The Phantom 46 Million Uninsured

Thomas D. Segel
By Thomas D. Segel | July 22, 2009 | 4:34 PM EDT

Admittedly, there are millions of us who subscribe to the age-old adage that if a politician’s lips are moving – he is lying. So, with that thought in mind, we ask again, just who are these 46 million Americans the Obama administration and the Democrats say do not have health care coverage?

According to various reports, a full 70 percent of that number claim they have access to the health care they need. Almost half of that number are younger, healthy Americans who could purchase health insurance, but don’t see such purchases as being essential or desired. 
So, let’s give those wonderful and caring politicians a break and only count about 10 million people in that “need health care” category, much lower than the estimated 23 million who some researchers say fill those ranks. 
Well, if we minus that 10 million, we are now down to 36 million people who don’t have health care coverage and really need it.

The government’s own figures tell us that when reviewing the State-Children’s Health Insurance Program, Medicare and Medicaid, plus various government programs in place to care for indigent and illegal alien populations, there are still about 11 million people who qualify for these programs, but for a variety of reasons reject using them. 
If that number is subtracted from the ballyhooed 46 million in need of care, we are now down to 25 million without coverage.

Nobody has considered the more than 2 million Americans in jail, being provided free health care or the working people who have company provided insurance for themselves, but refuse to pay those extra dollars to insure their families.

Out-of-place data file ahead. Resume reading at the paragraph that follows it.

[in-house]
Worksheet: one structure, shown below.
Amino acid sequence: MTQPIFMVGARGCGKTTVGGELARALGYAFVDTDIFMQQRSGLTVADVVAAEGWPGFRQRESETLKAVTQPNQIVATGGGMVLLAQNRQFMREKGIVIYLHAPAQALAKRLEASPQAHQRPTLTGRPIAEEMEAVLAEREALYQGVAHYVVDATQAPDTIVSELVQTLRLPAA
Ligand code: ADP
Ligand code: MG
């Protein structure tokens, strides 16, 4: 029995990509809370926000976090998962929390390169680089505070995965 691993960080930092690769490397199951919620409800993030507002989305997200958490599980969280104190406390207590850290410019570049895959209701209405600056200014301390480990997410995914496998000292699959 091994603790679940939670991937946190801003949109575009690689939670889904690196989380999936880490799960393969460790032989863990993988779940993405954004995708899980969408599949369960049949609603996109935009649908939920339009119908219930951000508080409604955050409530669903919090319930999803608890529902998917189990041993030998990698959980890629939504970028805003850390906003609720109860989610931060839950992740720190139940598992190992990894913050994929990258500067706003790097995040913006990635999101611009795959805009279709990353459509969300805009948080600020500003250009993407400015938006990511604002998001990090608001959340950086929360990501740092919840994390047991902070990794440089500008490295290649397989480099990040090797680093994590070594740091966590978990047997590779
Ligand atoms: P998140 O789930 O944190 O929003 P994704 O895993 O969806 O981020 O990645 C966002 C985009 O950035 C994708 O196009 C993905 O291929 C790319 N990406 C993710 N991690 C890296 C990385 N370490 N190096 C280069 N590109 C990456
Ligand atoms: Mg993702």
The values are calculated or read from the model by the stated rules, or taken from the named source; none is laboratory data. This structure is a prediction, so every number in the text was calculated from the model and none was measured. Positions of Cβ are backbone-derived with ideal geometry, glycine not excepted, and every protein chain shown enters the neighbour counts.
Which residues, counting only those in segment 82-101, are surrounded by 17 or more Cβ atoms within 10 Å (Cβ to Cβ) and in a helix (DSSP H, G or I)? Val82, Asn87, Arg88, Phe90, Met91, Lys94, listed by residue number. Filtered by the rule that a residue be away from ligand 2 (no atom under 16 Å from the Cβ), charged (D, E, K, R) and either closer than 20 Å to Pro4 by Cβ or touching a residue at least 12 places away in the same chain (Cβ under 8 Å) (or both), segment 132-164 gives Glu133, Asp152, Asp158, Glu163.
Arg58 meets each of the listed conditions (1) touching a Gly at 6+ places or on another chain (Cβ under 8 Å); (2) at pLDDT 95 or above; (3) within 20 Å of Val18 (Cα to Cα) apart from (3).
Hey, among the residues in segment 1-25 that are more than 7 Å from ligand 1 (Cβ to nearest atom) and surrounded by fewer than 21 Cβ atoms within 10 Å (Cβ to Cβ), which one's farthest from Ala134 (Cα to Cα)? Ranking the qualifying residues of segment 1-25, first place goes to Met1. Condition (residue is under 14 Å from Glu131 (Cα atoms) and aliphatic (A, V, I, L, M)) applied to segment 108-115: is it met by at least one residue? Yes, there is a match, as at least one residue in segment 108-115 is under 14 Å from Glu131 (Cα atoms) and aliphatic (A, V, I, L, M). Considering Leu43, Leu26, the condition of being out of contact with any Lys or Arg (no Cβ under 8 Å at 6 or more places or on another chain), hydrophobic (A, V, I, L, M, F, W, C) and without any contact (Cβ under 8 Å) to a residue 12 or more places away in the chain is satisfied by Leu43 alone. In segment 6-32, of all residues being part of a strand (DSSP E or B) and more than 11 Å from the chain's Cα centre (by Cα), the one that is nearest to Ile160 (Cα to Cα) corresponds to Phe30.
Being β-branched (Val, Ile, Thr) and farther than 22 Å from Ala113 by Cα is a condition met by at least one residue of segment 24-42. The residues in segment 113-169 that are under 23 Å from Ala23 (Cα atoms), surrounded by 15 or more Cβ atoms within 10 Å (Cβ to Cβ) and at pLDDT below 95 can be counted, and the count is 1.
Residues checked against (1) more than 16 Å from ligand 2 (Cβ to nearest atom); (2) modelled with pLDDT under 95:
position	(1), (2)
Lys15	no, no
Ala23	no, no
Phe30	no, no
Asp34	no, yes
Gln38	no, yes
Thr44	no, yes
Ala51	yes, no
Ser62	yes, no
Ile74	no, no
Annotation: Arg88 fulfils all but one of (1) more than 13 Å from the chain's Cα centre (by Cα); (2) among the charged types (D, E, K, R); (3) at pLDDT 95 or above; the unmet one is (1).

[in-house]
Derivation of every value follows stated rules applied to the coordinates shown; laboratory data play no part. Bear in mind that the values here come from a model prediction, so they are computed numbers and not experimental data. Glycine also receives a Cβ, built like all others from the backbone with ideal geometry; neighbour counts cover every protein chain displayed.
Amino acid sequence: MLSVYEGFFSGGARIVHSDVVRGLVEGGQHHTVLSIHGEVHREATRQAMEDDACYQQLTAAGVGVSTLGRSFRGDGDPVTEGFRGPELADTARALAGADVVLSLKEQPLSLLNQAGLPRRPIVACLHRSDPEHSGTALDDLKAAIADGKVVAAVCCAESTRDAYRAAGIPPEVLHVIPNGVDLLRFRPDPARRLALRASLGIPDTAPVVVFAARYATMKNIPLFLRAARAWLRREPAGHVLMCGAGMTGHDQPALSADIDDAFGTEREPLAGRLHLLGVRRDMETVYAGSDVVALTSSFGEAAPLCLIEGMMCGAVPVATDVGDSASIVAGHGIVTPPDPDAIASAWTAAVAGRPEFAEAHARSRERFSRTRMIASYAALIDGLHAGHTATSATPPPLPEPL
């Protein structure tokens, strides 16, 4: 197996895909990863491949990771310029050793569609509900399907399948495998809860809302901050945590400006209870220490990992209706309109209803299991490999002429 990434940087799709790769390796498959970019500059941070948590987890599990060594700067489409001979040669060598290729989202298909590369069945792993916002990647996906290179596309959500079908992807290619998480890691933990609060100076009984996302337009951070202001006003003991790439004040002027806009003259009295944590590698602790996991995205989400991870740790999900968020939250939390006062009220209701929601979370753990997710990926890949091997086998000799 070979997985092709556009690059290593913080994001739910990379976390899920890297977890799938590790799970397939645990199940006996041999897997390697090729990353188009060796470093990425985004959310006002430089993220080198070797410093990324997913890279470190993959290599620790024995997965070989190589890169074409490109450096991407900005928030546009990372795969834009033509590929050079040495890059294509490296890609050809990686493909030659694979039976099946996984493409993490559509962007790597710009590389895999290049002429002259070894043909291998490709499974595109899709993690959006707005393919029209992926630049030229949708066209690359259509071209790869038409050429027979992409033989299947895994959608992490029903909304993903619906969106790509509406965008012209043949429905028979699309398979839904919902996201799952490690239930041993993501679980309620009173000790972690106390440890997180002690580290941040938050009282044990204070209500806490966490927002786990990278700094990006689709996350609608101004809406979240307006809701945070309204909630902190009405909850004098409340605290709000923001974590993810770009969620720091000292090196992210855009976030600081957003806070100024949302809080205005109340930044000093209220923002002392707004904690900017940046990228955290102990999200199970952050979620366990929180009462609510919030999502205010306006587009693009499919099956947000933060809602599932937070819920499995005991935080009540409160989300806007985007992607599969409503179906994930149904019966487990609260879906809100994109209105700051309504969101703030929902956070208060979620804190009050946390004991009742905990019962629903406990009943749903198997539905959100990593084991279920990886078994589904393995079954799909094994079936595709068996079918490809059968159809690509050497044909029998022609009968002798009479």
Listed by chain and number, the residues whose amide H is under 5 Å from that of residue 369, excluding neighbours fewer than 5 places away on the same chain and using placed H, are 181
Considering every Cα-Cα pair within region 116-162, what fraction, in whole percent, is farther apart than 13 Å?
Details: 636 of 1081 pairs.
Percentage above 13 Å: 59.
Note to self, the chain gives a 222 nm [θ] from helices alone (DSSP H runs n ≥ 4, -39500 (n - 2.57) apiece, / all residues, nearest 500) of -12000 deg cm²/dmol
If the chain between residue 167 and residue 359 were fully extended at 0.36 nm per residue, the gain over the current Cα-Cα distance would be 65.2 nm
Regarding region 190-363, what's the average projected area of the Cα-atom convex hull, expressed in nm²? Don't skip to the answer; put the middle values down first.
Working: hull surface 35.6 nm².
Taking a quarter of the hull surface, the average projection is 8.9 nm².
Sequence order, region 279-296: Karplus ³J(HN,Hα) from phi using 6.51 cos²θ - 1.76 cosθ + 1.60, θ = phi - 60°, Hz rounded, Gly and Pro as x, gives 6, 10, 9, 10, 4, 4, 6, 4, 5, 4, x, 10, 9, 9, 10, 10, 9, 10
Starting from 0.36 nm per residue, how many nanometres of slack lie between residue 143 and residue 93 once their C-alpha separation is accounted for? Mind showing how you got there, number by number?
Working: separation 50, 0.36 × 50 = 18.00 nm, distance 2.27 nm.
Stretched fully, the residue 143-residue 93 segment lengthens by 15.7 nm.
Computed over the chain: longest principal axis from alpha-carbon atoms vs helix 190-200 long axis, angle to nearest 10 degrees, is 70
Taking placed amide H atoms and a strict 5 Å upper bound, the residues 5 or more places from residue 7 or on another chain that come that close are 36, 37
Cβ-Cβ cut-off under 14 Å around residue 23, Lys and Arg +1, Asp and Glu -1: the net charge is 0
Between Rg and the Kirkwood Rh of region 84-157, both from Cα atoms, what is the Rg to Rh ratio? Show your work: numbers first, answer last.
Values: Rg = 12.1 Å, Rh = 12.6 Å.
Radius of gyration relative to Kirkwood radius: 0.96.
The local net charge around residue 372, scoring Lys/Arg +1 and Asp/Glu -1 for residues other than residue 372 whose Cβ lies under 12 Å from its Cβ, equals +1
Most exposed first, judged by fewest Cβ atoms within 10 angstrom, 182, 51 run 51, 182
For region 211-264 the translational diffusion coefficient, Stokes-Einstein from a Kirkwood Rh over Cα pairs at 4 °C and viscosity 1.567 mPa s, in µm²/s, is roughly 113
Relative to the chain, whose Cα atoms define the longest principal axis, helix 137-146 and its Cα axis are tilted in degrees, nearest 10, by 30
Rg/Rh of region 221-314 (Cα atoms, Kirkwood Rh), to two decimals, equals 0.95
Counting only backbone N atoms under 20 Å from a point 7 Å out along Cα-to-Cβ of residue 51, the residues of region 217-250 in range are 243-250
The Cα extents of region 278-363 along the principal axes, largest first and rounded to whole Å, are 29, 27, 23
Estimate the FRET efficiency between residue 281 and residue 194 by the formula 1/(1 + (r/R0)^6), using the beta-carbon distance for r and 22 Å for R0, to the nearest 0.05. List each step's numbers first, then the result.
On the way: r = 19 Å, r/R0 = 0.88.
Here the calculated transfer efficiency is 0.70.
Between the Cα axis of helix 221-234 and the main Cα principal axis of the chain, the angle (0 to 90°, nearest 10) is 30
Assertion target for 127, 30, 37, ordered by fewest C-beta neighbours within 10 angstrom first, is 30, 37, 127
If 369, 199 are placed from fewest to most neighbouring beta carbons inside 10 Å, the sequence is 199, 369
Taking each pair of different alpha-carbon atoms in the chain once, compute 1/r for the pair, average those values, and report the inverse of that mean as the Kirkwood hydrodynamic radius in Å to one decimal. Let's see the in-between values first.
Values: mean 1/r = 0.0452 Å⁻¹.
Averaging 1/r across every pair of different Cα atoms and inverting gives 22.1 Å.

What about all those drug dealers and petty crooks who have yet to be caught? There are dozens roaming our streets for every one person in jail. Do we need a health insurance program for them?

So, if we do the math, our phantom 46 million is now down to about 20 million people in need of medical assistance. 
When you view the “health care crisis” from that vantage point and add in the fact that 89 percent of Americans with health insurance claim they are happy with their plans, we don’t really have that much of a crisis. 
There is no logical reason for the politicians of our country to rip up a nationwide system of care and substitute their quagmire of care for existing programs. And we all know the more government programs, the more government mismanagement. 

If the politicos are really concerned with our citizens and the care they receive, how about full tax credits for those people and companies who purchase health insurance? How about full deductions for out-of-pocket medical expenses? How about tax-free medical savings accounts? 
All of that would be far less expensive than the current attempt to control about one-fifth of the country’s economy and give people something they never asked for and don’t want.